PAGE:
By Jeffery Robinson
If Donald Trump is not a white supremacist, his actions and words show a great deal of comfort with the values of white supremacy.
He did not want Blacks living in his buildings or handling his money. His comparison of the Washington monument to confederate monuments built to honor people who killed American soldiers for the right to own other human beings shows an ignorance of and an unwillingness to deal with the truth about America’s past and current history of racism.
His encouragement of police brutality and championing of unconstitutional stop and frisk policies are not race neutral.
His initial refusal to rebuke white supremacists in Charlottesville was followed by blaming “both sides” for the violence while noting the “very fine people” among those who either carried Confederate and Nazi flags or had no problem marching with folks who did. David Duke and other white supremacists praised him. They understood exactly what Trump was saying and doing.
Saturday Trump told an overwhelmingly white crowd in Alabama that a Black athlete quietly demonstrating for racial justice during the national anthem is “a son of a bitch,” not a very fine person. He resorted to time tested racial code words:
“…but people like yourselves turn on the television and you see those people taking the knee…”
Translation: the ones protesting about racial injustice who were almost all Black.
“Now, ya’ll don’t quote me now…you start out in 1954 by saying “nigger, nigger, nigger. By 1968 you can’t say nigger, that hurts you, it backfires so you say stuff like forced busing, states’ rights and all that stuff…if it is getting that abstract and that coded we are doing away with the racial problem one way or the other, you follow me? Because obviously sitting around saying “we want to cut taxes, we want to cut this is much more abstract than even the busing thing and a hell of a lot more abstract than nigger, nigger. So any way you look at it race is coming on the back burner.”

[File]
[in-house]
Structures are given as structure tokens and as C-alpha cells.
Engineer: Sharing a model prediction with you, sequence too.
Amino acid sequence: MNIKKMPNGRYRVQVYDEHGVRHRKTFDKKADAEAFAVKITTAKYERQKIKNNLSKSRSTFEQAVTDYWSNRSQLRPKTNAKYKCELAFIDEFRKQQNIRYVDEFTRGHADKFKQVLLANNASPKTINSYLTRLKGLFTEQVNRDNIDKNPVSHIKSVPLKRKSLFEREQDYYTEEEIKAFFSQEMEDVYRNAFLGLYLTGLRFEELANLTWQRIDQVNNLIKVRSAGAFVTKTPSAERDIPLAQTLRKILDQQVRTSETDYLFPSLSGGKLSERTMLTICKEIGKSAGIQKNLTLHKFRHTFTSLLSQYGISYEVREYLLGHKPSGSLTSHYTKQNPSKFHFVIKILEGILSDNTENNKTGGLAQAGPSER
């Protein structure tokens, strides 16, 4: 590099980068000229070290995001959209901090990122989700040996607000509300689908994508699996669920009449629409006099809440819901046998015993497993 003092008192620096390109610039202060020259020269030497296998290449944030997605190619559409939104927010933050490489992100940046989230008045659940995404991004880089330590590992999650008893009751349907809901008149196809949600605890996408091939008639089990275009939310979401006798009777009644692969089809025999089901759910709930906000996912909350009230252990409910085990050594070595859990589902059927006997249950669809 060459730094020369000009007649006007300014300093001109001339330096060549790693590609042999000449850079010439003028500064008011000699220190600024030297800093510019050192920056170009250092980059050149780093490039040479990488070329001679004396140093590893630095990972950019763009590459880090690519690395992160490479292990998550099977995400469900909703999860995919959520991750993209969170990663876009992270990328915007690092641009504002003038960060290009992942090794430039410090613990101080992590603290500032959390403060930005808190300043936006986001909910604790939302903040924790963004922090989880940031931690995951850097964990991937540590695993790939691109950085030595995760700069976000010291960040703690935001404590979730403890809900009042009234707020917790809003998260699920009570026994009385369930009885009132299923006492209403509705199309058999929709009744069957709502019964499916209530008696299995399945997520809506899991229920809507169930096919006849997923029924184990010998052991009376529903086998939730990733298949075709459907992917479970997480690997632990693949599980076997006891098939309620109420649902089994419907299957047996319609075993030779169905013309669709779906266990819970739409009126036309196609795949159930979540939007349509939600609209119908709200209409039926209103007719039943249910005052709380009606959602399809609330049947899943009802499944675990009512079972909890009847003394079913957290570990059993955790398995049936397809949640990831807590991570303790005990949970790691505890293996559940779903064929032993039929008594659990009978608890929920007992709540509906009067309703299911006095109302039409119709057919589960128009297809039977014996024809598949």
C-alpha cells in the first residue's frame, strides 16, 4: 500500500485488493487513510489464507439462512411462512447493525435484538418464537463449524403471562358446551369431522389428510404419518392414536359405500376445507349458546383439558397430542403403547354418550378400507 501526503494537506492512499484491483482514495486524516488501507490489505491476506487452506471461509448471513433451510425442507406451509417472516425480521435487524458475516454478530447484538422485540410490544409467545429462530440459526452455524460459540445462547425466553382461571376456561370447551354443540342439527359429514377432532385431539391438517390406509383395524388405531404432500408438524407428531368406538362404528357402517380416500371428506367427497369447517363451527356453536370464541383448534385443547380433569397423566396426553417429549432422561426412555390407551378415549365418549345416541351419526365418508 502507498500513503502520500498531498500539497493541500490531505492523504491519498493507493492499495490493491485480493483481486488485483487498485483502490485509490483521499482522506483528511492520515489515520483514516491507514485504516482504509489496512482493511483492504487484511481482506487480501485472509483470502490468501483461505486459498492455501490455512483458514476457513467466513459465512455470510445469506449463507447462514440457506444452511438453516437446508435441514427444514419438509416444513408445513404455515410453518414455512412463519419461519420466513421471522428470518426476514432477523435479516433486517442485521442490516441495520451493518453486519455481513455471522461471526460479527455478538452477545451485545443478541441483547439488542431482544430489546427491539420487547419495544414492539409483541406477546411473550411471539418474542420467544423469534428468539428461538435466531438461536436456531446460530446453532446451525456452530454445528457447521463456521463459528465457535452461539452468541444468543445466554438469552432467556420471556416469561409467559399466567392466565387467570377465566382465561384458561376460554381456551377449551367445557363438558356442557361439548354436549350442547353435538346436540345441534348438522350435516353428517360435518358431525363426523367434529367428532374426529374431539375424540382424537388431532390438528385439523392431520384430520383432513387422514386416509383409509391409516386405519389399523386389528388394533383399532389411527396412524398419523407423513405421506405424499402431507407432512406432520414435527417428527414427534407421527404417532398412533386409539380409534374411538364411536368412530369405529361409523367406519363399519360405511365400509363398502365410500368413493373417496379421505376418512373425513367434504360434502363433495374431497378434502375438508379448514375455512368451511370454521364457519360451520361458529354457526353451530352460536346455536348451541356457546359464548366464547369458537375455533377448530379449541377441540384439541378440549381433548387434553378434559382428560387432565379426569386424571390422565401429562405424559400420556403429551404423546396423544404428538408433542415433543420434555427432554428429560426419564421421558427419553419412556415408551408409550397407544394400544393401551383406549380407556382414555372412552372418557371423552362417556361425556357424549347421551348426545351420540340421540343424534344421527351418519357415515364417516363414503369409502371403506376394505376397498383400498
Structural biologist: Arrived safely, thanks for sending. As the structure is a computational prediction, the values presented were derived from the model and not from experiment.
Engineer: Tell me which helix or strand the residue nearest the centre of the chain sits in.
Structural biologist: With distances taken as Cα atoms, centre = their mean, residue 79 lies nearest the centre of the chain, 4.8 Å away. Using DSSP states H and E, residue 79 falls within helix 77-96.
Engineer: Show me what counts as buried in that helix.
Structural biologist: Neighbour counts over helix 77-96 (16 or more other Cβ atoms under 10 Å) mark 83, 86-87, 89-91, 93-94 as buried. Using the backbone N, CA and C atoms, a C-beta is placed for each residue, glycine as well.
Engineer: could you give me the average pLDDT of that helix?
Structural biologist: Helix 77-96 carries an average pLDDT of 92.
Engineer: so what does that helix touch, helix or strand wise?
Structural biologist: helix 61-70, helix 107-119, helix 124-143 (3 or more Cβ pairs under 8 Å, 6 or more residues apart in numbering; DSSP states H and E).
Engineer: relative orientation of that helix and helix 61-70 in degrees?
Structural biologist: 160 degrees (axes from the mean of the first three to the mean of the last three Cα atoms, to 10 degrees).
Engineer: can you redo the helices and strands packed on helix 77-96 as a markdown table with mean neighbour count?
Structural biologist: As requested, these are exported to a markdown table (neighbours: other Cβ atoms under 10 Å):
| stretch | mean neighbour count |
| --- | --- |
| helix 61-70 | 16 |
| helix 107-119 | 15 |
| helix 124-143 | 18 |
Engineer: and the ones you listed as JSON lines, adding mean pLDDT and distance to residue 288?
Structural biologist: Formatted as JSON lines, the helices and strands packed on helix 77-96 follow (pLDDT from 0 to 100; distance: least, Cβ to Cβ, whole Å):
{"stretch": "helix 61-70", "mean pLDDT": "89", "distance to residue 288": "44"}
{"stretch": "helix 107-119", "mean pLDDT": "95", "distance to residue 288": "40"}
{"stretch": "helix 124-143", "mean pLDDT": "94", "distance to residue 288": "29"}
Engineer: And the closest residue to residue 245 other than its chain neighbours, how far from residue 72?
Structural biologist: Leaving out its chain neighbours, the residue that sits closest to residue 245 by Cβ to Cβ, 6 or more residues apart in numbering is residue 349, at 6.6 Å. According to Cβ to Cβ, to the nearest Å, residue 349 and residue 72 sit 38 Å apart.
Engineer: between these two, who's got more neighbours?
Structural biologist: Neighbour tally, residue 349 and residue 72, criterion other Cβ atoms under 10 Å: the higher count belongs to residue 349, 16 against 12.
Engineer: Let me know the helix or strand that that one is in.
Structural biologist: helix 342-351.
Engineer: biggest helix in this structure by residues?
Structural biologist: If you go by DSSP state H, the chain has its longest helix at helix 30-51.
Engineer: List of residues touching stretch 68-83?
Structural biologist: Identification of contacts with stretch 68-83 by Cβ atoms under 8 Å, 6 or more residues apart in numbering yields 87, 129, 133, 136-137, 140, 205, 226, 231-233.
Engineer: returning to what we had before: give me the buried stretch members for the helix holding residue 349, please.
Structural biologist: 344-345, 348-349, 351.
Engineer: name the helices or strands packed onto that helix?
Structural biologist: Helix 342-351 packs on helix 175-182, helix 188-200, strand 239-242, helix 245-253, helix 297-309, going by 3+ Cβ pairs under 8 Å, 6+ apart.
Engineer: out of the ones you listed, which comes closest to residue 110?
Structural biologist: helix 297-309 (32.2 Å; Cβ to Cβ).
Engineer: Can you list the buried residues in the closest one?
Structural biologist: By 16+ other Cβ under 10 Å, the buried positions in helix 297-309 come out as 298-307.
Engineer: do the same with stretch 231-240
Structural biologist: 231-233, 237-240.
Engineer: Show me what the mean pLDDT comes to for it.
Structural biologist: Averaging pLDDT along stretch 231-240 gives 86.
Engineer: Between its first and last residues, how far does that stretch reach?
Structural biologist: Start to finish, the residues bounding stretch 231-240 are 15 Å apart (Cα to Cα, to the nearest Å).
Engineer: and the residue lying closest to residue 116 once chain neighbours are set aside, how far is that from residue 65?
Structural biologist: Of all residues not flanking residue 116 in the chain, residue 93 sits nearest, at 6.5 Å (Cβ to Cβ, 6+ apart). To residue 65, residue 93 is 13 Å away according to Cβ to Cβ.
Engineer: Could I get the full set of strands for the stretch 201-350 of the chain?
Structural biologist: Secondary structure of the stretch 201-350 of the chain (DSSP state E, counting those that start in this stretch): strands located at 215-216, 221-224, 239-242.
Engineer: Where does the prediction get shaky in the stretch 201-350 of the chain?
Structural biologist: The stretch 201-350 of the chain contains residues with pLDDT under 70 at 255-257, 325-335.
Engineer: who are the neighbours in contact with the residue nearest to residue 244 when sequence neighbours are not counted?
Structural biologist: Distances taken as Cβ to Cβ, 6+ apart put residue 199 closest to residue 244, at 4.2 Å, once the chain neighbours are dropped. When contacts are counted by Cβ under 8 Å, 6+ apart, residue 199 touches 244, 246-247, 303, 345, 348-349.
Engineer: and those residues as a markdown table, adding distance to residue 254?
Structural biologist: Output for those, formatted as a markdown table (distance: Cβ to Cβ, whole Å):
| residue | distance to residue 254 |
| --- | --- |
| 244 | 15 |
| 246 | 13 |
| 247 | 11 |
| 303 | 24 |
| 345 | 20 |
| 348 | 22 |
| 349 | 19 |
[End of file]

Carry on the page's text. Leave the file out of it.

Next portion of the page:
Ronald Reagan’s first speech after his nomination for president was less than 10 miles from Philadelphia, Mississippi, where three civil rights workers were murdered in 1964. Reagan told the overwhelmingly white crowd that he was in favor of states’ rights, and everyone listening knew what he was saying. Trump simply used the Southern strategy playbook in Alabama.
He later tweeted:
It is no more a privilege to play in the NFL than it is to do any other job. Making millions in the NFL does not require you to stand, sit, or kneel to anyone’s politics.
Yesterday, over 200 players knelt or sat for themselves. In Detroit and Nashville performers dropped to their knees after singing. The Pittsburgh Steelers, Tennessee Titans, and Seattle Seahawks were among teams that stayed in the locker room during the national anthem.
The protests weren’t confined to the NFL either.
Oakland Athletics rookie catcher Bruce Maxwell became the first athlete to kneel in Major League Baseball on Saturday night. He said:
“I love this country and I have family members, including my father, who bled for this country, and who continue to serve. This goes beyond the black and Hispanic communities because right now we have a racial divide that’s being practiced from the highest power we have in this country saying it’s basically OK to treat people differently.”
Denver Broncos player Derek Wolfe said kneeling during the anthem was disrespectful and maybe the wrong platform. He said America is the greatest country in the world and asked why protestors don’t leave if they don’t agree.
Perhaps the best answer to Wolfe’s question came in 1939 from Mary Bethune, daughter of slaves who founded the first accredited Black college in America. She explained why Black soldiers fought and died for America:
We have fought for the democratic principles of equality under the law, equality of opportunity, equality at the ballot box, for the guarantees of life, liberty and the pursuit of happiness. Yes, we have fought for America with all of her imperfections. Not so much for what she is, but for what we know she can be.
Some have asked if these protests are good or bad politically for Democrats or Republicans. It is a privilege to be able to engage in intellectual curiosity about speaking out against racism. If you are a person of color in America and you remain silent, what you risk is the future of your children and grandchildren. Athletes in the past — Muhammad Ali, Bill Russell, Tommie Smith, John Carlos — risked their careers to speak out about racism. This weekend, DeMaurice Smith, the executive director of the NFL Players Association, wrote: “We will never back down. We no longer can afford to stick to sports.”
Jeffery Robinson is the ACLU Deputy Legal Director and Director of the Trone Center for Justice and Equality